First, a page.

Enough already: Dunlop must testify

Kelly Egan, The Ottawa Citizen

Published: Wednesday, February 20, 2008

Perry Dunlop can come down off his cross anytime now. Excessive martyrdom is a tedious spectacle.

Mr. Dunlop, 43, was arrested in B.C. on Sunday on a Canada-wide warrant that was issued for his refusal to testify before a provincial inquiry into a sexual abuse scandal in Cornwall.

The atmosphere, in the words of one reporter, was "almost circus-like." Almost? When was the last time an hour-long support rally was organized, culminating in a plea to police to arrest the guest of honour?

Yet this was the scene at the Dunlop home, minutes before he was taken away in an RCMP cruiser.

"Hero," went the cry.

Mr. Dunlop is the former Cornwall police officer who began investigating allegations of sexual abuse in Cornwall in the early 1990s.

It wasn't long before the original premise grew to shocking proportions: a ring or clan of pedophiles that reached into the city's highest corners -- priests, a bishop, a Crown attorney, lawyers, probation officers, possibly senior police officers.

Because so many powerful people were involved, went the theory, the original investigation was blocked, forcing Mr. Dunlop to circle around his own police force. He was the whistleblower extraordinaire, unafraid to put his career on the line to protect abused children.

He is, clearly, a key witness in the inquiry, which began in February 2006.

There is so much water under the bridge on this issue, it is easy to lose track of what's important.

But consider this. Mr. Dunlop's role in the case, however well intended, has contributed to a breathtaking expenditure of public resources -- time and money -- not to mention the stain on an entire community.

And Mr. Dunlop doesn't want to talk about it?

Briefly, there were two Cornwall police investigations in 1993, an Ontario Provincial Police probe in 1994 and, finally, the launching of Project Truth in 1997. It spared nothing: The allegations of 69 complainants were investigated, leading to 672 interviews.

Four years later, the OPP were satisfied there was no pedophile ring in the city, but laid 115 charges against 15 individuals. There was but one conviction.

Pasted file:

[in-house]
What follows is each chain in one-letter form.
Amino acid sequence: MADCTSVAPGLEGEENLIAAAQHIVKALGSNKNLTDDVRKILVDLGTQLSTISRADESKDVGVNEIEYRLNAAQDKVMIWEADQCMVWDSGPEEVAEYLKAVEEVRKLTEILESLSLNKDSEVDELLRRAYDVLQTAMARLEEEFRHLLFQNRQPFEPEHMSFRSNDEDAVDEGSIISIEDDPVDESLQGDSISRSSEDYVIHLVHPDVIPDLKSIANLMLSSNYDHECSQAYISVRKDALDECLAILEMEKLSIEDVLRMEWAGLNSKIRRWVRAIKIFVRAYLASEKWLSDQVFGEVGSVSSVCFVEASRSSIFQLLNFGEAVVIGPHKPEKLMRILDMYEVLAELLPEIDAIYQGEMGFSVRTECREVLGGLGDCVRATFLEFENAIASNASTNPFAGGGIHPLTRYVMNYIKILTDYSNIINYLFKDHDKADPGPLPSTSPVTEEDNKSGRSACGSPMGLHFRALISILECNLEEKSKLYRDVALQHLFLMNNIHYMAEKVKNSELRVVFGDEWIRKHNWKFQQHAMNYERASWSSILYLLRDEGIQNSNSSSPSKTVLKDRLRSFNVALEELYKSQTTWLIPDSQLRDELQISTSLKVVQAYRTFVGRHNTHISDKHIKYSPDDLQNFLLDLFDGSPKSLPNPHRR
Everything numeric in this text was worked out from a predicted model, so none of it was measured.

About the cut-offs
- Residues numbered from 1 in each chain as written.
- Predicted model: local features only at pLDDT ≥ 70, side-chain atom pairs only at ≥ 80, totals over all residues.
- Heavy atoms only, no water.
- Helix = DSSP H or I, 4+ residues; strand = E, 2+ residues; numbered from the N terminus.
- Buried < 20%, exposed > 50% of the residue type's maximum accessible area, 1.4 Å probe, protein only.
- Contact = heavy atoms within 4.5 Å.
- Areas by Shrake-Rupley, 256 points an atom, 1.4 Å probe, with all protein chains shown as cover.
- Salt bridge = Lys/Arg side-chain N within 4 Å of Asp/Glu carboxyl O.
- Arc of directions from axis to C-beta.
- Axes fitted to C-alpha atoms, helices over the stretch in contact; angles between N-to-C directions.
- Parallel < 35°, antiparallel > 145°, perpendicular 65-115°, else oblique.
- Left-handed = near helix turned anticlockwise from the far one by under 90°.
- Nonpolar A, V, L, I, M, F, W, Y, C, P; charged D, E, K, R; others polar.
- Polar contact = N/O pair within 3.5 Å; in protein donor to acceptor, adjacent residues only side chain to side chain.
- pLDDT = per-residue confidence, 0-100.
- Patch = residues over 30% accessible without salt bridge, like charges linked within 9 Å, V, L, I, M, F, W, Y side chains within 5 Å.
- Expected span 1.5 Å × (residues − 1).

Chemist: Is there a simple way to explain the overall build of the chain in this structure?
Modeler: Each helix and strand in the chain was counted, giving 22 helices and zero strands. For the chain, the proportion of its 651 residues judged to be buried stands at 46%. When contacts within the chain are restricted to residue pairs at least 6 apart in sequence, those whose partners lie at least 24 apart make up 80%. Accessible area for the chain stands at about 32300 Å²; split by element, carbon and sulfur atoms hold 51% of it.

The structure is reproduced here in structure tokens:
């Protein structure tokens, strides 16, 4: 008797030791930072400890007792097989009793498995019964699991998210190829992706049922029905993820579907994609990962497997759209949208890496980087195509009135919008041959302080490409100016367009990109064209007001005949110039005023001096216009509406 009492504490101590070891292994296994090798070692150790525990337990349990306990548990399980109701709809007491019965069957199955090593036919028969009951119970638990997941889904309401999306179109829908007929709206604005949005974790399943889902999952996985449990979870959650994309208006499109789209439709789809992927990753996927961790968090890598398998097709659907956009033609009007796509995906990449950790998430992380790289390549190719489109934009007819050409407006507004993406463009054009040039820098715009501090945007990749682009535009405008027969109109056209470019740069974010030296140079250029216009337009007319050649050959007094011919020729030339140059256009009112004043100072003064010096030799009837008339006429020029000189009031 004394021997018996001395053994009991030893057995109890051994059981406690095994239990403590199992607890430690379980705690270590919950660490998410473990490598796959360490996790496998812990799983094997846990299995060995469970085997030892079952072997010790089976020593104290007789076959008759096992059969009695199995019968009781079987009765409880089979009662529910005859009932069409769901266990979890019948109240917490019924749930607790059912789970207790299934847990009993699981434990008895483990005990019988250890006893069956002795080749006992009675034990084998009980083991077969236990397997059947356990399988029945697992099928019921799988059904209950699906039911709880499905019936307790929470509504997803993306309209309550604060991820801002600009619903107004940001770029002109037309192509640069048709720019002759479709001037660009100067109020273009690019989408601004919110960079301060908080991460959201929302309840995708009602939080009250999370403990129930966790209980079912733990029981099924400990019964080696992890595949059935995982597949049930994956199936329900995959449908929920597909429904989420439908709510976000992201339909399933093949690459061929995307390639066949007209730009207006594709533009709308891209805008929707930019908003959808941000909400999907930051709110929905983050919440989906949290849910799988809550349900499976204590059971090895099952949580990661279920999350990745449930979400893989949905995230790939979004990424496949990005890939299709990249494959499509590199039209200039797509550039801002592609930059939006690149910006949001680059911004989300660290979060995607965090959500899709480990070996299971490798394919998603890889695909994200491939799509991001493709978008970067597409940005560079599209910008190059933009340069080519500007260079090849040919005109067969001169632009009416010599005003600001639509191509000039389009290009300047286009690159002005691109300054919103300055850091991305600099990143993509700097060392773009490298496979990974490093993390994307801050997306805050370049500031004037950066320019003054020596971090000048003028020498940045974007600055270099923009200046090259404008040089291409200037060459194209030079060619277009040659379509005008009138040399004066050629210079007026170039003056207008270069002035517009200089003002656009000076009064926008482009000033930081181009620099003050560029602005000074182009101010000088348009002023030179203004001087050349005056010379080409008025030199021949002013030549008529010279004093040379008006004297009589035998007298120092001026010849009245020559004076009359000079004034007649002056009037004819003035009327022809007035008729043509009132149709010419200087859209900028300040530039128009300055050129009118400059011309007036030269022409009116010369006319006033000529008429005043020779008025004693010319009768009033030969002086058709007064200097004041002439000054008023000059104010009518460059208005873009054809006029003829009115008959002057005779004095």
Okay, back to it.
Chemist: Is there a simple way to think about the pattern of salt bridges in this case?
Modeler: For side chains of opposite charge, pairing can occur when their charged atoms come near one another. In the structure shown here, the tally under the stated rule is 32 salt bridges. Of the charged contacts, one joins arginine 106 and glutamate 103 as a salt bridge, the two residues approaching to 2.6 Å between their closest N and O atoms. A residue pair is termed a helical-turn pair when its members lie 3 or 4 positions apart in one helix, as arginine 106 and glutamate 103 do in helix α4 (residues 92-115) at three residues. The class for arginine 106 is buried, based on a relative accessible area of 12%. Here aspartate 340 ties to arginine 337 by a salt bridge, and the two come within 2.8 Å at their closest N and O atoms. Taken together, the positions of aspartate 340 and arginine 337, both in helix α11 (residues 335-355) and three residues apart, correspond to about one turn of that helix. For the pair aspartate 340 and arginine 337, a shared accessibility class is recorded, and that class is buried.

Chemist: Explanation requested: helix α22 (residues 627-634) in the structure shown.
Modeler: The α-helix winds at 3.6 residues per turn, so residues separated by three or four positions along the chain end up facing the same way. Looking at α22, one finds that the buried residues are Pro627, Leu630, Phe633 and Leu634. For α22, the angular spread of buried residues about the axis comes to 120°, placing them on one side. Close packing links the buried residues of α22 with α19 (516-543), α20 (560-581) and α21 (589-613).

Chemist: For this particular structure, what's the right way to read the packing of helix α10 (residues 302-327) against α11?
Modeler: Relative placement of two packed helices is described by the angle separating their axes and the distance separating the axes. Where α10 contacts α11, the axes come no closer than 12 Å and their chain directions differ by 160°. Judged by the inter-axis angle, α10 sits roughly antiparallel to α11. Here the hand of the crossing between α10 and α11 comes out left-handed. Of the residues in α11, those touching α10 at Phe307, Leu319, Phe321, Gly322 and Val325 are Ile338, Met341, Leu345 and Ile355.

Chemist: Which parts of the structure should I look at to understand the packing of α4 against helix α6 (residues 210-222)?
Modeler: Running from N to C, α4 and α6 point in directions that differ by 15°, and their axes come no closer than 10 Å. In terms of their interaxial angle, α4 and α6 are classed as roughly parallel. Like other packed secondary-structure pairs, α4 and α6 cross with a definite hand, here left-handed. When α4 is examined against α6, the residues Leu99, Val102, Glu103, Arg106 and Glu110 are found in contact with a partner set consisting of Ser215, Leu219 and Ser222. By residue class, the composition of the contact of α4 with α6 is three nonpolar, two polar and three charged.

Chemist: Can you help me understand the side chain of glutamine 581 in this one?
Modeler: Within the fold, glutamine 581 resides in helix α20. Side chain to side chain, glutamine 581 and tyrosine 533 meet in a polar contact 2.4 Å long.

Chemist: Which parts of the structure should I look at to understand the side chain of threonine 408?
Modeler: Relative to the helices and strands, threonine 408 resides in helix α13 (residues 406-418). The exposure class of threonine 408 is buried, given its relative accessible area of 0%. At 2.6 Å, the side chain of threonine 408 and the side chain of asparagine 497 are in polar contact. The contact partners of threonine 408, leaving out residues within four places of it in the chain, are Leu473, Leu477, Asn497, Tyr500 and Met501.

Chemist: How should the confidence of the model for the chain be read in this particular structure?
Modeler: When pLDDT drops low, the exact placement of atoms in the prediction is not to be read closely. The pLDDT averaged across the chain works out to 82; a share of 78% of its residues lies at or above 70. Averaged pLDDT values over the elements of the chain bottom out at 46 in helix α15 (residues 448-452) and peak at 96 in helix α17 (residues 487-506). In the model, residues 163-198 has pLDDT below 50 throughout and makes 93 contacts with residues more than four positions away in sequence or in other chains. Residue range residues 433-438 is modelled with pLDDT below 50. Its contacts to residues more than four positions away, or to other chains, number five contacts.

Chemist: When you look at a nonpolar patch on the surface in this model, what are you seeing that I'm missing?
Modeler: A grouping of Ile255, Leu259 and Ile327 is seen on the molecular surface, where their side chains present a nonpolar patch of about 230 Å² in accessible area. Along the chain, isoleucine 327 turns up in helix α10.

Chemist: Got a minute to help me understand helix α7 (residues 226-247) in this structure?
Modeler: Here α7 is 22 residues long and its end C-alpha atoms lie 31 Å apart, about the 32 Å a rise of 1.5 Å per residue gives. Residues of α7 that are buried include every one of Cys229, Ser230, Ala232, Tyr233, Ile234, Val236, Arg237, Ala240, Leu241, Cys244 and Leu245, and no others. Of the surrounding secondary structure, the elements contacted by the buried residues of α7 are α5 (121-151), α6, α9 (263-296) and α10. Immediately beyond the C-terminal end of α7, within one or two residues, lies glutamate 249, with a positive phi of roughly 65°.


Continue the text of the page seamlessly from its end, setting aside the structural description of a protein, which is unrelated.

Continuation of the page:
We still weren't done. Not by many millions.

The commission of inquiry, headed by Justice Normand Glaude, began hearings into the whole mess two years ago.

Before it wraps up later this year, it will have sat more than 200 days and spent in excess of $15 million. This is not child's play. It is serious business, with hard-won reputations at stake.

At least one of the witnesses -- an original complainant -- has testified he never saw evidence of a pedophile ring, contrary to an earlier written statement. Those named in the statement? Nah, never saw them. The statement itself? Didn't even read it, he testified.

He claimed he was pressured into making the statements by one Perry Dunlop. Nor was he the only witness to retract outlandish allegations.

"I did anything (Mr. Dunlop) told me to do," said one alleged victim.

Cornwall columnist Claude McIntosh has gone so far as to label the pedophile ring story a hoax.

Is it not rather important to hear from Mr. Dunlop directly on these matters? Surely, he has a duty to testify, if only because it is the law.

More to the point: has he not desired, lo these many years, a public forum in which he is free to bring forward any and all evidence against high-ranking citizens of the city?

If his investigative efforts were suppressed, let him stand up and say it. If the Children's Aid Society botched things, let him stand up and say it. If the Roman Catholic Church is party to a coverup, let him stand up and say it.

But, as a former police officer, surely he understands this: anything he says, under oath, can and must be tested under cross-examination. This is not a witch-hunt.

Mr. Dunlop told reporters in B.C. he's lost faith in the system. "It's a toxic environment. They'll twist my words."

You know what? For all its frailty, it's the only system we've got. Twist your words? Isn't that rich, coming from him?

People see what they see. Something interesting happened only weeks after Judge Glaude was appointed. Before a single witness was heard, there was an allegation of potential bias because two of Judge Glaude's distant relatives were potential victims.

There were calls for him to step aside. Stinks already, some said.

Absurd. But an insight into the problem. Some people had no faith in the inquiry from the word go. Apparently, Perry Dunlop is one of them.

He has earned a stint in jail, a court date this morning and, possibly, more legal consequences. But sympathy? Save it.

Contact Kelly Egan at 613-726-5896 or by e-mail, kegan@thecitizen.canwest.com